The cost of running a mail server will depend upon how you go about it. We have a lot of experience using Amazon’s EC2 so using the pre-built AMIs created by Ivar made a lot of sense. It makes sense economically too. The standard price of a small Linux is $0.08/hour but can be run using ‘spot prices’ for $0.05/hour which is roughly $30/month. Even a small machine on EC2 will provide support for all our staff. There is no marginal cost for adding more than one account so it’s allowed us to add email accounts for all our domains – something that’s not been cost effective so far.

Compare this with, say, Google where its $50/year. As soon as we have 7 accounts setup we’ve broken even (and we have many more than 7). Plus we can also add accounts for all our domains. Because we control the whole machine and are not just renting a service, it can be used as another backup for our web site or provide some other useful service for us.

An economic aspect not considered here is the cost of learning to use Linux. We do know how so its not an issue for us. If you don’t it’s not going to be as straight forward or cheap. Likewise we’re long time users of Amazon Web Services so there’s no learning cost involved here either.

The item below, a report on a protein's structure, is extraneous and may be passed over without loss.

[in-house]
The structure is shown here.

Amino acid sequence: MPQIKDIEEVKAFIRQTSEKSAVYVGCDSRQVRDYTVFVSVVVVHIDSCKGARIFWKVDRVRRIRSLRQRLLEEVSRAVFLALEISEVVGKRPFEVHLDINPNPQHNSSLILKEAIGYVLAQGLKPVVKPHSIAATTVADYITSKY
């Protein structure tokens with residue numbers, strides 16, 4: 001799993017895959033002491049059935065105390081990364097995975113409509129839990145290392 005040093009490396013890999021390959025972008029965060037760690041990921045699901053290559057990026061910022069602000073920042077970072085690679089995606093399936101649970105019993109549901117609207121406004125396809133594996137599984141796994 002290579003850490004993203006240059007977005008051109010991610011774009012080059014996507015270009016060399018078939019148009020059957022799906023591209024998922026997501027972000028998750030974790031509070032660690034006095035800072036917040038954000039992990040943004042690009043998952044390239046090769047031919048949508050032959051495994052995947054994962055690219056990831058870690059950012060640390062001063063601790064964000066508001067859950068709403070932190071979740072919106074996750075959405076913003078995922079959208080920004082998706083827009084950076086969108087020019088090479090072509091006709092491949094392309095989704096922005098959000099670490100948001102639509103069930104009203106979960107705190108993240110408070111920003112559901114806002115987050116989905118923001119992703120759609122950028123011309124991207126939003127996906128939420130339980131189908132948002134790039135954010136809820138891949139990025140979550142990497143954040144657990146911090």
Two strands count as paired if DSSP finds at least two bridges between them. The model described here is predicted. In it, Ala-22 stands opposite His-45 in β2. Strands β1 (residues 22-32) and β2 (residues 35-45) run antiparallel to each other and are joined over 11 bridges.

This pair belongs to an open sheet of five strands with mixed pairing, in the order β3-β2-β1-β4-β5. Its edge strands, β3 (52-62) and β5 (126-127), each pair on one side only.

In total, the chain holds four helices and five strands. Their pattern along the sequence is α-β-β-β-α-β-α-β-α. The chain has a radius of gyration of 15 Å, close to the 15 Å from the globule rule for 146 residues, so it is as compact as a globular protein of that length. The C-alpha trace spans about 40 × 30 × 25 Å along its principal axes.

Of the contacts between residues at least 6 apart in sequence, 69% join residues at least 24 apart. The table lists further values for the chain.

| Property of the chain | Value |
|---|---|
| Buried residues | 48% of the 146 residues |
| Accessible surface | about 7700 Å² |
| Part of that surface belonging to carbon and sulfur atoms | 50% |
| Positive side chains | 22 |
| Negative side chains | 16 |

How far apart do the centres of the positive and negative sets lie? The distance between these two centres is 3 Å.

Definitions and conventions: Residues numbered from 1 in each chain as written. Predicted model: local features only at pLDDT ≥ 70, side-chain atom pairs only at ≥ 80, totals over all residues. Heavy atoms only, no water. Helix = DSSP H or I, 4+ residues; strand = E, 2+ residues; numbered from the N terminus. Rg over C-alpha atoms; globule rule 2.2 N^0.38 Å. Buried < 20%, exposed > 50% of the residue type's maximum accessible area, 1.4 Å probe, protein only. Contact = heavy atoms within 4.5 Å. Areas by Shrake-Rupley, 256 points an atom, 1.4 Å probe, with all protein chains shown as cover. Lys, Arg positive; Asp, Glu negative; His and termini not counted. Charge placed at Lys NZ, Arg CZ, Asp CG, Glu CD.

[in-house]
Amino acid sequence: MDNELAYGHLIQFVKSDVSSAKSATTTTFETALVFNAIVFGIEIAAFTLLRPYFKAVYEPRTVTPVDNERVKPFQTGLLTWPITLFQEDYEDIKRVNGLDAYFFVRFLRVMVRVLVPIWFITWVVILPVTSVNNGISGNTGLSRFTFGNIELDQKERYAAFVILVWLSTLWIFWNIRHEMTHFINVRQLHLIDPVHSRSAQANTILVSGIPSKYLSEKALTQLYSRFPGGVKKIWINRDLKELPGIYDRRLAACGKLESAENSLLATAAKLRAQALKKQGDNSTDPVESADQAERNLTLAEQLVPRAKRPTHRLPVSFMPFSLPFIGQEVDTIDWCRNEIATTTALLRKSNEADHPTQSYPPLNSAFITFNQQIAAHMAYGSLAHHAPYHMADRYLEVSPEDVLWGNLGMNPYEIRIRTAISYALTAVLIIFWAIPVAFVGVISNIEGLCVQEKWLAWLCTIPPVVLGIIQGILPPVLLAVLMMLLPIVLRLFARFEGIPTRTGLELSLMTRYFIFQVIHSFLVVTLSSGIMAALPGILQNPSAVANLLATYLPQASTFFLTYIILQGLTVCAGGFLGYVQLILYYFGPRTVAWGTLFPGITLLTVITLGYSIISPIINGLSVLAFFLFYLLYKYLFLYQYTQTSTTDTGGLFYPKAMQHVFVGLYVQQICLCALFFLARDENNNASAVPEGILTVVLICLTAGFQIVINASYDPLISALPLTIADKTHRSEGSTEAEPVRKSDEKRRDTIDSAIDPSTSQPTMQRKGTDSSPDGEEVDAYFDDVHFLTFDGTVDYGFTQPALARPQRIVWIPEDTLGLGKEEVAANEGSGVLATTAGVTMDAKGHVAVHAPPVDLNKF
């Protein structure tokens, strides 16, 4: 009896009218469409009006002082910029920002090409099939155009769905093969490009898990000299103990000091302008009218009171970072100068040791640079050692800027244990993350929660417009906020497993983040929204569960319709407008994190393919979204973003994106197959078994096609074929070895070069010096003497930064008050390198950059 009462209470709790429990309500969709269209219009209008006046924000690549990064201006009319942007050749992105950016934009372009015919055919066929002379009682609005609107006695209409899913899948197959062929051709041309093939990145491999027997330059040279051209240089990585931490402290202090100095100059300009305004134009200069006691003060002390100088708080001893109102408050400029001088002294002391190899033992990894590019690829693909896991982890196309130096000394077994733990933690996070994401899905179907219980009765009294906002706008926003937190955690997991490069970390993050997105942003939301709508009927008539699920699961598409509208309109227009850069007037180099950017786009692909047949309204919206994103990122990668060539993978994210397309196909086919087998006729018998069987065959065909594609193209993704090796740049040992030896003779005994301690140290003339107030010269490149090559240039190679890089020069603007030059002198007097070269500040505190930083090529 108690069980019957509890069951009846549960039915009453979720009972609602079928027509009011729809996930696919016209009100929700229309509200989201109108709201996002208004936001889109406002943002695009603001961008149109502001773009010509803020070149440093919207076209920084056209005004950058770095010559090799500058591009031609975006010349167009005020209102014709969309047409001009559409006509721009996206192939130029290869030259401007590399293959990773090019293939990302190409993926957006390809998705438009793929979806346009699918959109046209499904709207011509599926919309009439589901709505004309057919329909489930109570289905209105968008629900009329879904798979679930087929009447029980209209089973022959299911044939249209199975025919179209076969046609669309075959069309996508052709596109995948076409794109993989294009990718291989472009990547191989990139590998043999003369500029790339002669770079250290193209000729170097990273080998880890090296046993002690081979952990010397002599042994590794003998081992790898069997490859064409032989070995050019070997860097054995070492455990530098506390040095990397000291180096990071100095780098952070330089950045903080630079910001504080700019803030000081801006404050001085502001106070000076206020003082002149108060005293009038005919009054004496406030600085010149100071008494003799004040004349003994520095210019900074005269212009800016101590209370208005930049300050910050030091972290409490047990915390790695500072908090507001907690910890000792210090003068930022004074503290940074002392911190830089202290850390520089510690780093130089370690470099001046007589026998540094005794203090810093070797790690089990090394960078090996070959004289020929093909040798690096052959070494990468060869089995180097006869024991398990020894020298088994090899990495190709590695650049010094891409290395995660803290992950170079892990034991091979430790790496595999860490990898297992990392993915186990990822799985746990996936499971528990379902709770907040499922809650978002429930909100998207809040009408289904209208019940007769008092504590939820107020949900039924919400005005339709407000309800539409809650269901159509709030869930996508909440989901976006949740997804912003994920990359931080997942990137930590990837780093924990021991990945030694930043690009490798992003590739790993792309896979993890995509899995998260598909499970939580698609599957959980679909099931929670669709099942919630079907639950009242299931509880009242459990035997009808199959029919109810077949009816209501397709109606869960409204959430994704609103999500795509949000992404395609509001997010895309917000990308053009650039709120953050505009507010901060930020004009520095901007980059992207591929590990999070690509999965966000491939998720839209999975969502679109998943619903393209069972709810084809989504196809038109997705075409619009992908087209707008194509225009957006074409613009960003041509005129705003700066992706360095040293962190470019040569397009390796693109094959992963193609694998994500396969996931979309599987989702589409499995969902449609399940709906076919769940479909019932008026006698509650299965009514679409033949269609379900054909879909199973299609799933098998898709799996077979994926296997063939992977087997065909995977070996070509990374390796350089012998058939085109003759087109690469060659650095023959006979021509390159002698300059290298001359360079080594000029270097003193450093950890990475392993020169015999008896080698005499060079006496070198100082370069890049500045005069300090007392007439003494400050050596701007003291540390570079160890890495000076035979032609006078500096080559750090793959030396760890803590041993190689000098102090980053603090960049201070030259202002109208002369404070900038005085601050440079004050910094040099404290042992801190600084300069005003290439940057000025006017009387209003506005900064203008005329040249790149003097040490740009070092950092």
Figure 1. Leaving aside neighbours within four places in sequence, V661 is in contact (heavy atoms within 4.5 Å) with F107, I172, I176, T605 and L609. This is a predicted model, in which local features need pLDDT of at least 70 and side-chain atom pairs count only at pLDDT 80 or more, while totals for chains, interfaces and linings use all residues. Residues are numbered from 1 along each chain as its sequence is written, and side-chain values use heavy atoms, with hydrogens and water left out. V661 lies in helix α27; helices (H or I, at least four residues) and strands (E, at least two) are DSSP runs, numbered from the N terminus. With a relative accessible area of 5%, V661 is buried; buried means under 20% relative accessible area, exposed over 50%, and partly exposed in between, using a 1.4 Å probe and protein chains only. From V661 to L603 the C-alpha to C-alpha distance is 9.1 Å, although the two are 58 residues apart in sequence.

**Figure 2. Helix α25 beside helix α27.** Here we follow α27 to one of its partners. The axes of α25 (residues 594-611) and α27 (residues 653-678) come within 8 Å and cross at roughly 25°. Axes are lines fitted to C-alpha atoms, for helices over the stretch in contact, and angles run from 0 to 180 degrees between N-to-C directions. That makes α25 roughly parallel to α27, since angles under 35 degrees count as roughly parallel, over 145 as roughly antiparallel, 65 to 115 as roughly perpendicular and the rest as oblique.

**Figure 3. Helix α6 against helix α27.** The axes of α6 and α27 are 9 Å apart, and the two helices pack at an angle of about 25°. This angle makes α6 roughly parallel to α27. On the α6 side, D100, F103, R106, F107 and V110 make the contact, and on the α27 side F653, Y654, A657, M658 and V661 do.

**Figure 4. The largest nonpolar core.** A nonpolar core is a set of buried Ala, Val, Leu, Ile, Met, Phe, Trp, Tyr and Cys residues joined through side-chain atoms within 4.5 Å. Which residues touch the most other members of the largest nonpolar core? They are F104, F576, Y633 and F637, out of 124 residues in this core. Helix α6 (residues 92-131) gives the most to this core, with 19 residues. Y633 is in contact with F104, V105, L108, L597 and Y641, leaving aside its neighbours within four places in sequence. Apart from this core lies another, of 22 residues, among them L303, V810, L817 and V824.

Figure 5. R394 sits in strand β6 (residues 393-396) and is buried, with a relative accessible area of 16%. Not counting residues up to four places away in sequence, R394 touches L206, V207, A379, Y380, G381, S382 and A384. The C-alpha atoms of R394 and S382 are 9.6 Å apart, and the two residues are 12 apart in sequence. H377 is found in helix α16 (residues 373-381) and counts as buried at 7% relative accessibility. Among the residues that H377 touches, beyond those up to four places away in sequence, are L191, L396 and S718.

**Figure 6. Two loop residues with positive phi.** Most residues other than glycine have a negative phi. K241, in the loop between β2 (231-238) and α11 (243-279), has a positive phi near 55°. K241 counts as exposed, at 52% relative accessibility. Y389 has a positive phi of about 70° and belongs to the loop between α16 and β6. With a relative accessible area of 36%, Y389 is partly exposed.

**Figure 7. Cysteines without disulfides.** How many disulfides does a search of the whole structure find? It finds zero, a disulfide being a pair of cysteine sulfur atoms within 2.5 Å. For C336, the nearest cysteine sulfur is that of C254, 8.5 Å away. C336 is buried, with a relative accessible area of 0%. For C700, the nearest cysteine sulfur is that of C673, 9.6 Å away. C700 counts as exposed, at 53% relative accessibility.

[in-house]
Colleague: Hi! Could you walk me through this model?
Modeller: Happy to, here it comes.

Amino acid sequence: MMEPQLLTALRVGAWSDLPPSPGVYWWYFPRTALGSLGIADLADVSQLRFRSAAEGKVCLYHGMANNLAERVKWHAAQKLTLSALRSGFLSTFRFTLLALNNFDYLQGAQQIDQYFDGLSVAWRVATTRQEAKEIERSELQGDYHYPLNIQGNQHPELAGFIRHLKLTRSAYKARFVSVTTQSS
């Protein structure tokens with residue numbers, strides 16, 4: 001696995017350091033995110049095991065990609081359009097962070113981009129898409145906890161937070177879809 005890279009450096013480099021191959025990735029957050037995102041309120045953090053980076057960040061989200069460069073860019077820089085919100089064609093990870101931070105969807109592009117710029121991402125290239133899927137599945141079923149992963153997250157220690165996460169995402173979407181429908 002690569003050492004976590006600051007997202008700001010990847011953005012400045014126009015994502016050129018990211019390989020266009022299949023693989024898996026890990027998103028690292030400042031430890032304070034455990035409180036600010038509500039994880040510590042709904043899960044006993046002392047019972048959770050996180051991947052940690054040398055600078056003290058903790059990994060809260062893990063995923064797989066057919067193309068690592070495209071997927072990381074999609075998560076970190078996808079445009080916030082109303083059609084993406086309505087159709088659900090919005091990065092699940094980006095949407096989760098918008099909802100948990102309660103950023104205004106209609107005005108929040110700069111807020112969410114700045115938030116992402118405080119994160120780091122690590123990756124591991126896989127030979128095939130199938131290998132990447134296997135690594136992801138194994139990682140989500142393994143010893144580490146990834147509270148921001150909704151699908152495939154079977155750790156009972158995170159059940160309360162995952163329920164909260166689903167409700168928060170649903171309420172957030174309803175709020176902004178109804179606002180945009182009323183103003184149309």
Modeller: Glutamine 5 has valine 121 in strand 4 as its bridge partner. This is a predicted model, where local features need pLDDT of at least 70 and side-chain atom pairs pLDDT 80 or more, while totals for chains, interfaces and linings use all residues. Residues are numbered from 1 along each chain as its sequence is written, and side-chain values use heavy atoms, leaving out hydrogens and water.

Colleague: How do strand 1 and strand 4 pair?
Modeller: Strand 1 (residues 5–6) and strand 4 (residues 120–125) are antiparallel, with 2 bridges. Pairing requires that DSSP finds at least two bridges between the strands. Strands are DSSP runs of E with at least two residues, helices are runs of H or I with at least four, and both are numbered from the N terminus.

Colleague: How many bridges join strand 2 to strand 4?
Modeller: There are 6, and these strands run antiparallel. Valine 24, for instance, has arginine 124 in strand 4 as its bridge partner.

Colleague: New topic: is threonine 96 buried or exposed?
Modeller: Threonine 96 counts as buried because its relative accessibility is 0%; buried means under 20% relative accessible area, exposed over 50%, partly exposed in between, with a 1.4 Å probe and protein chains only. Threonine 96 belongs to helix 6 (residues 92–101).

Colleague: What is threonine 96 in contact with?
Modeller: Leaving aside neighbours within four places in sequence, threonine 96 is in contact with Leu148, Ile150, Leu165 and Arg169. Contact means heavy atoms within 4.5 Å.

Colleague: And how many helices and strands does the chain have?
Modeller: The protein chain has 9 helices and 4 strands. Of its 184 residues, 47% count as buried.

Getting started

Ivar’s article covers the points but I’ll reiterate that you will need to:

1) Create an Amazon Web Services (AWS) account if you don’t have one already.

I’ve found Amazon’s ElasticFox add-in for FireFox a really easy way to manage EC2 virtual machines and resources though the AWS console also provides GUI-type control over your EC2 machines (there’s a whole command line interface and an API but best to keep away from that).

S3Fox is also great for managing Simple Storage Service (S3) resources. S3 is a cloud storage service which along with EC2 is a service of AWS (those acronyms coming thick and fast) and is where EC2 stores your customized machine images.

If you have not used any Amazon Web Services before, the PDF on the Elastic Fox page shows how to use Elastic Fox to create new machines, configure and add hard drives, setup fixed IP addresses, configure firewall security.

2) Create a virtual machine using the ami-395fba50 AMI

This image includes: Ubuntu + Postfix + Courier IMAP + MySQL + Amavisd-new + SpamAssassin + SASL + TLS + Postgrey

(for the uninitiated, PostFix is the SMTP server, SpamAssassin is the email anti-spam component, Amavis links PostFix and SpamAssassin, SASL is the Secure Socket Layer service for security while TLS is an other security layer used in email clients like Outlook)

3) Make changes to configure the server for your needs.